by Dr. Michael Main
Early patrol officers encountered resistance from fighting men who often resented the interventions of the administration. Patrol reports have a tendency to sanitise the situation, preferring to present a picture of administrative control. However, private diaries and letters often paint a more chaotic scene. The diaries and letters of Albert Speer, an Australian medical assistant at Koroba during the 1950s, reveal unrelenting levels of violence that the administration struggled to control. One fight that started on 28 May 1956 took away all the men that were working on road construction. 1 Speer writes of three killed and several wounded, with smoke from burning houses, before one man returns from the fighting after three days. On being made aware of the government prohibition against fighting, the returned man stated that he hadn’t been at the fight because “he had a cold!”. Five days later, with the fight still raging, the man returns again to state that his “line” is not involved in the fight. Another entry, dated 11 April 1956, refers to the prohibition against the carrying of bows and arrows, “Broke another arrow today. A bloke from Hedamari who said he didn’t know of the rule!” Five years later, writing to his wife from Tari on 1 September 1961, the botanist Royal Pullen reveals some of the difficulties faced by the administration:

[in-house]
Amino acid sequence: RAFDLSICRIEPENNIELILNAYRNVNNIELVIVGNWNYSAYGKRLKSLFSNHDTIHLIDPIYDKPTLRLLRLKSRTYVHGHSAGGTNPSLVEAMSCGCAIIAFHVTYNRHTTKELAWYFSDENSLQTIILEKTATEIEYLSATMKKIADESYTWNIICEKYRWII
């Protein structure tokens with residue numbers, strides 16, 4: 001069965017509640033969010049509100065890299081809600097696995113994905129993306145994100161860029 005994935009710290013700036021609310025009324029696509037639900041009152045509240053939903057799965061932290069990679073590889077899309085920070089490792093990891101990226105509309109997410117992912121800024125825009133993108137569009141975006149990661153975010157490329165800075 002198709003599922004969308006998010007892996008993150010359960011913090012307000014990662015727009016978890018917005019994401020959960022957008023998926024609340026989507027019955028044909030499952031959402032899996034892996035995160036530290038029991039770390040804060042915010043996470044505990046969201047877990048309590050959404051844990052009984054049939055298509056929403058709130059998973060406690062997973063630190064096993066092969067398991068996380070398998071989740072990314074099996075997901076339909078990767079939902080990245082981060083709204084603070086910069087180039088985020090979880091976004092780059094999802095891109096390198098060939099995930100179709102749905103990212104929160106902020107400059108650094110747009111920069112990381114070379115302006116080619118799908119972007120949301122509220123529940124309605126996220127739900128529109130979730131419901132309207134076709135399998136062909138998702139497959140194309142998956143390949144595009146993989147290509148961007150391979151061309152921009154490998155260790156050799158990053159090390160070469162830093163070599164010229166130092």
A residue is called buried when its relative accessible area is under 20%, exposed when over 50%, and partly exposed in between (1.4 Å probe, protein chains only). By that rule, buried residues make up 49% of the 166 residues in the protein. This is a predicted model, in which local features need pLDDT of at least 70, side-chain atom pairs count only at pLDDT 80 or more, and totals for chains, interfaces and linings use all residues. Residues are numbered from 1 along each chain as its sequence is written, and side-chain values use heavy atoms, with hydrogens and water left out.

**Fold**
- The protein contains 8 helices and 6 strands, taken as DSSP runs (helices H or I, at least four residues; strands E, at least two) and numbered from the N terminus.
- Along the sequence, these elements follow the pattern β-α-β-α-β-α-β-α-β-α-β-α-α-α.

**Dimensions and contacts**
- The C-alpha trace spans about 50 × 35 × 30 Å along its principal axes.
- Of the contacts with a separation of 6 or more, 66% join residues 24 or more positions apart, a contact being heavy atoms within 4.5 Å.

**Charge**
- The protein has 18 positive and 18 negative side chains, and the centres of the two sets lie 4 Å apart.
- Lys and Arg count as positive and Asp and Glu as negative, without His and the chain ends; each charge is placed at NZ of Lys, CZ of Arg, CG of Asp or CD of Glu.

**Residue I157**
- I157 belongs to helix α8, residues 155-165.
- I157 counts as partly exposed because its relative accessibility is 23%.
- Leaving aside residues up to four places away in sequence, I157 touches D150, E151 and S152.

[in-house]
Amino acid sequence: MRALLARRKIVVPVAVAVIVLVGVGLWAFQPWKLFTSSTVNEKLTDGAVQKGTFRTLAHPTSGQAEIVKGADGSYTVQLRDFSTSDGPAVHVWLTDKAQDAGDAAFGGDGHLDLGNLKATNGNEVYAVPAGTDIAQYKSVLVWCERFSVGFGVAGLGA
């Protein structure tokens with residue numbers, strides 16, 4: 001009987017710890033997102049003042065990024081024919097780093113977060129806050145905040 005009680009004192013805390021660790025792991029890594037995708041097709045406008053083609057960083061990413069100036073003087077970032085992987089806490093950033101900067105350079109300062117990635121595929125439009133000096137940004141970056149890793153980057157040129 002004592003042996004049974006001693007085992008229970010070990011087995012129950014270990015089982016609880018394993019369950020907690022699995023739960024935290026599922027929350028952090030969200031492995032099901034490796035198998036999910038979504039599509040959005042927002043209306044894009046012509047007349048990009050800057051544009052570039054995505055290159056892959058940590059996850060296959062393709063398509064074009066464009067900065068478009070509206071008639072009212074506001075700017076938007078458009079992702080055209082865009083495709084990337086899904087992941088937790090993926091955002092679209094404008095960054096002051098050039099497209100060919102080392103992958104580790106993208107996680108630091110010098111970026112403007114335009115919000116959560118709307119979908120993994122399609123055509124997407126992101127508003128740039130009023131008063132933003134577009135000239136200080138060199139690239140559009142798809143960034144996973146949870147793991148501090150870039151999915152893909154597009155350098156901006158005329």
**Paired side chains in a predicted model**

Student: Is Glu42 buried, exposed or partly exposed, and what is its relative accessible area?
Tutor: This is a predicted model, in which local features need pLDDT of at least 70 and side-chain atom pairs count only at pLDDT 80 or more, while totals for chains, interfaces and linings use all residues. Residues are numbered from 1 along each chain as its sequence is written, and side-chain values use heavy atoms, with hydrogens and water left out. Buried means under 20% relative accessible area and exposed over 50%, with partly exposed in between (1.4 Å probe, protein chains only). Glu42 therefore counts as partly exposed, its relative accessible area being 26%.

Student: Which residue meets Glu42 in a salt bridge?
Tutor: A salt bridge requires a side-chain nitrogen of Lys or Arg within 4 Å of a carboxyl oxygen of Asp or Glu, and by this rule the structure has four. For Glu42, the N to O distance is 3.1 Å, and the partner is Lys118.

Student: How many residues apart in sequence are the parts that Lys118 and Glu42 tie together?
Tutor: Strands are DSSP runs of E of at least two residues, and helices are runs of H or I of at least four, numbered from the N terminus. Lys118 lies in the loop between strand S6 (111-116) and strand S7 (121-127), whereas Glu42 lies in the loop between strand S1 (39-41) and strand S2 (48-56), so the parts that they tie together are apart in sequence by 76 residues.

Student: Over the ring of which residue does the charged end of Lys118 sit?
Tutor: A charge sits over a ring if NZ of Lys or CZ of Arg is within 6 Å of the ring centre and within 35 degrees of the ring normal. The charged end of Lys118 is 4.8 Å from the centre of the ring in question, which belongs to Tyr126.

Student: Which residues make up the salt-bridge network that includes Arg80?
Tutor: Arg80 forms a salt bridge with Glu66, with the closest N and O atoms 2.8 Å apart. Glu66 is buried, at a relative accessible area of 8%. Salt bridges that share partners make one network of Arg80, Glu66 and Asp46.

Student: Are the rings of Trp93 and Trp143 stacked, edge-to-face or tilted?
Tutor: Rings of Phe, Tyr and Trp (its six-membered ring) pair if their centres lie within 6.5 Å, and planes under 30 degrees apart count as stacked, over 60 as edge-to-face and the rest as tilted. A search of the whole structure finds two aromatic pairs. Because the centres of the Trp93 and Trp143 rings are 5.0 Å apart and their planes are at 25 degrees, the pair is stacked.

“It is a horrible place to chase murderers in for the police, & administration is very difficult. Consequently the hand of authority cannot be pressed down as hard on the locals as the govt. would wish. Jail breaks are frequent here for a long time & the fighters hard to recover. Coupled with a homicidal tendency among all adult males it is a great place to keep in order. Never a dull moment” 2 Compared with a patrol report from Tari conducted in mid-June 1961: